So what can we expect to find by browsing the vast collection of worlds and searching for living creatures? Although no one can answer this question, we can establish some ground rules.
Rule number one: life will be based on carbon. Why? Because carbon is the easygoing atom, with a chemical versatility no other element can match. Carbon has four unpaired outer electrons. It can form tight chemical bonds by sharing these electrons with other chemical elements. A potential alternative is silicon, but its biochemistry would be severely limited in comparison, with bonds about half as strong as those of carbon. Life needs versatility to thrive.
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Rule number two: Life needs liquid water. Yes, you can find frozen bacteria in permafrost, but they are not alive. Since life is, in essence, a web of complex biochemical reactions that move compounds one way or another, it needs a solvent – a medium where reactions can take place. Made up of oxygen and hydrogen, two of the most abundant chemical elements anywhere in the universe, water has a distinct advantage. In addition, it has the very unique property that ice floats – water in a solid state is less dense than in a liquid state.
Ammonia is sometimes offered as a possibility. But it is a gas at room temperature and only becomes liquid below -28°F at normal pressure. A cold planet with a heavy atmosphere might have liquid ammonia, but that takes a lot out of life. Indeed, any form of life under these conditions would have a very slow metabolism. Water is that magic substance that is transparent, has no smell or taste, and expands when it freezes (a key property for aquatic life in colder climates, as there is liquid water under the ice). It is also the main ingredient of our own body.
No other human in the Universe
Given these two constraints, the essence of life should be simple. It will include carbon, water and other elements (at a minimum, nitrogen).
The details, however, are not straightforward. Each planet that can contain life will have its own history. As a result, life there will also have its own history – a history contingent on the history of the host planet. The properties of a planet shape life on it. In turn, everything that lives on a planet will shape the properties of the planet. In each world, natural selection acts as a historically contingent pressure for survival. As conditions on the planet change, often due to the very presence of life on the planet, life will adapt in unique ways. It will never be the same on different worlds.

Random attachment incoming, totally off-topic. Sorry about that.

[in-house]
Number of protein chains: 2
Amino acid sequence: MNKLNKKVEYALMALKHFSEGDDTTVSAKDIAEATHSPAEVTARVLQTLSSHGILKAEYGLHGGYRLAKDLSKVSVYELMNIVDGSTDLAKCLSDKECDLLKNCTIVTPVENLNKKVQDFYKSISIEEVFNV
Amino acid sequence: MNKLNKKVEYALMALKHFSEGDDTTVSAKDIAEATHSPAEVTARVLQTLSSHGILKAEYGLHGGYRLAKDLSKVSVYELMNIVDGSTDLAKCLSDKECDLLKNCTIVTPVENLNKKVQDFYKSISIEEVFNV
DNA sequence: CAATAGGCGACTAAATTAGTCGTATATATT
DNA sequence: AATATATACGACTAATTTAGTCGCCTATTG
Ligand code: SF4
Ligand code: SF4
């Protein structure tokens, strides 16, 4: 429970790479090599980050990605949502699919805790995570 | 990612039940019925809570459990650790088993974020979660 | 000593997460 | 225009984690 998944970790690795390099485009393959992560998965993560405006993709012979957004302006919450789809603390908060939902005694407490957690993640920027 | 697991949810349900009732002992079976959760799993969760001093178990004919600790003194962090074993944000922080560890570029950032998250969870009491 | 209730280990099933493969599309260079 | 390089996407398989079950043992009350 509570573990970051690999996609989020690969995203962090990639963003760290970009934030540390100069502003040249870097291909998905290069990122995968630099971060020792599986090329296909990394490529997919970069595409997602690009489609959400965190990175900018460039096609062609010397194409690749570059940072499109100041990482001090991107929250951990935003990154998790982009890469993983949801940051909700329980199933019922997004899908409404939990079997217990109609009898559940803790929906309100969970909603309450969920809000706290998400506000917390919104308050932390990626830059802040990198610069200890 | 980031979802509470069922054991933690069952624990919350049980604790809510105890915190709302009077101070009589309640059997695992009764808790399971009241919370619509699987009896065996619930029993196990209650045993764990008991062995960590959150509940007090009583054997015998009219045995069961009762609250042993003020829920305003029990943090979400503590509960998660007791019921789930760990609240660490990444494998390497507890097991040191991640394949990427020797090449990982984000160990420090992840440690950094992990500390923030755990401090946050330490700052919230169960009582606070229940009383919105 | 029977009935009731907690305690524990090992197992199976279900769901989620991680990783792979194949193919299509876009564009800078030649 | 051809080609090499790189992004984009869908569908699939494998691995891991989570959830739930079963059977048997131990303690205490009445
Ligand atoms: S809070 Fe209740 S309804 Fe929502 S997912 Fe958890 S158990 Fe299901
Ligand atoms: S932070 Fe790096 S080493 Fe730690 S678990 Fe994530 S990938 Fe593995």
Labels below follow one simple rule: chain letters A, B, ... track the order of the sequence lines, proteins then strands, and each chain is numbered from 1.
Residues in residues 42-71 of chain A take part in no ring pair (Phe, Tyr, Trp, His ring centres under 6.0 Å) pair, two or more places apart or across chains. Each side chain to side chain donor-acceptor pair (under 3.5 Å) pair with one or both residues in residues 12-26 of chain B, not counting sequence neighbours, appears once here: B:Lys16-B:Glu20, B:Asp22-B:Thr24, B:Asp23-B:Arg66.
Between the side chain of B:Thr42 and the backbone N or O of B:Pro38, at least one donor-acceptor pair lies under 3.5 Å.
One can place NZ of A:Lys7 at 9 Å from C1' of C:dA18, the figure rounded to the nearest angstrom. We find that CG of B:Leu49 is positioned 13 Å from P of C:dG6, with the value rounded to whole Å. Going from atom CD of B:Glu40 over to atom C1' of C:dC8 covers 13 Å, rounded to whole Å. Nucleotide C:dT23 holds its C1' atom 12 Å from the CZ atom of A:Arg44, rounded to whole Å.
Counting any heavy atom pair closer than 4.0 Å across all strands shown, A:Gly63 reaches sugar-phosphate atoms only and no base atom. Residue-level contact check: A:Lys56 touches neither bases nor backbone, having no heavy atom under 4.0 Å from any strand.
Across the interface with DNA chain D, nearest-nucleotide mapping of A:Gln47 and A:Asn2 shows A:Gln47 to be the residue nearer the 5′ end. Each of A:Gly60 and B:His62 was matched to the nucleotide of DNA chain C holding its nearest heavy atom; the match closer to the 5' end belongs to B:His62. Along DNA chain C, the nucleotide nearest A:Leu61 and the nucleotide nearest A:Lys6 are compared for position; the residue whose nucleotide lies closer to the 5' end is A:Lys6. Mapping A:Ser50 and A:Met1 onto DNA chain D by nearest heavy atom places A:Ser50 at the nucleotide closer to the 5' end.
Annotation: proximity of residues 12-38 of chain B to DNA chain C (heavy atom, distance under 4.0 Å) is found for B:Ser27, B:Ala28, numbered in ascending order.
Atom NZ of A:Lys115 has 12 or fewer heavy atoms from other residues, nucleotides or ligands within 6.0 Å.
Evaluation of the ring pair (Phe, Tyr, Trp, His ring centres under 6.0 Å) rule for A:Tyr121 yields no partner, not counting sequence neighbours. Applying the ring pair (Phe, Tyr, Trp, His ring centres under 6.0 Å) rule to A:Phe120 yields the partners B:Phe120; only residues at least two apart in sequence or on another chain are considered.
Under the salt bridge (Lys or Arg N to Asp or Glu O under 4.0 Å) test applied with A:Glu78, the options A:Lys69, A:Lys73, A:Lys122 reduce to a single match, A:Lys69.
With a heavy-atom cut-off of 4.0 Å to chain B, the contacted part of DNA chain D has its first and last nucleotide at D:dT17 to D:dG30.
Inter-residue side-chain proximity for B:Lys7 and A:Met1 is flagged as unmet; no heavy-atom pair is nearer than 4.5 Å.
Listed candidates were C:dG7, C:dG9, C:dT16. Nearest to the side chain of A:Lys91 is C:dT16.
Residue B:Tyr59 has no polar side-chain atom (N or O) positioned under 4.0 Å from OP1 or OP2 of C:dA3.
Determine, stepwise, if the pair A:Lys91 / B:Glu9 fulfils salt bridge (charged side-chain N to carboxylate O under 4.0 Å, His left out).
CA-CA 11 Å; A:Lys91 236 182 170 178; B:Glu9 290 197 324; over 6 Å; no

As a result, and despite the common carbon-water essence of life, there will not be identical life forms on different planets. The more complex the life form, the lower the chances that it will be reproduced elsewhere, even approximately.
If the Flying Spaghetti Monster exists, it will only exist on one world. In the same way, we only exist on one world. We are the only humans in this universe. And if we consider what we’ve learned from the history of life on Earth, chances are intelligent life is extremely rare. While intelligence is clearly an asset in the fight for species survival, it is not a goal. devolution; evolution has no goal.
Until it becomes intelligent, life is happy to simply reproduce. With intelligence, it will be unhappy to be content to reply. This, in a nutshell, is the essence of the human condition.
Putting it all together, we propose that we are indeed chemically connected to the rest of the cosmos and that we share the same basis of life as any other hypothetical living thing. At the same time, we are unique, just like all other living creatures. Life is an incredible force. From a carbon-based code and a common genetic ancestor, he can create a staggering variety of wonders – in this world, and perhaps in others.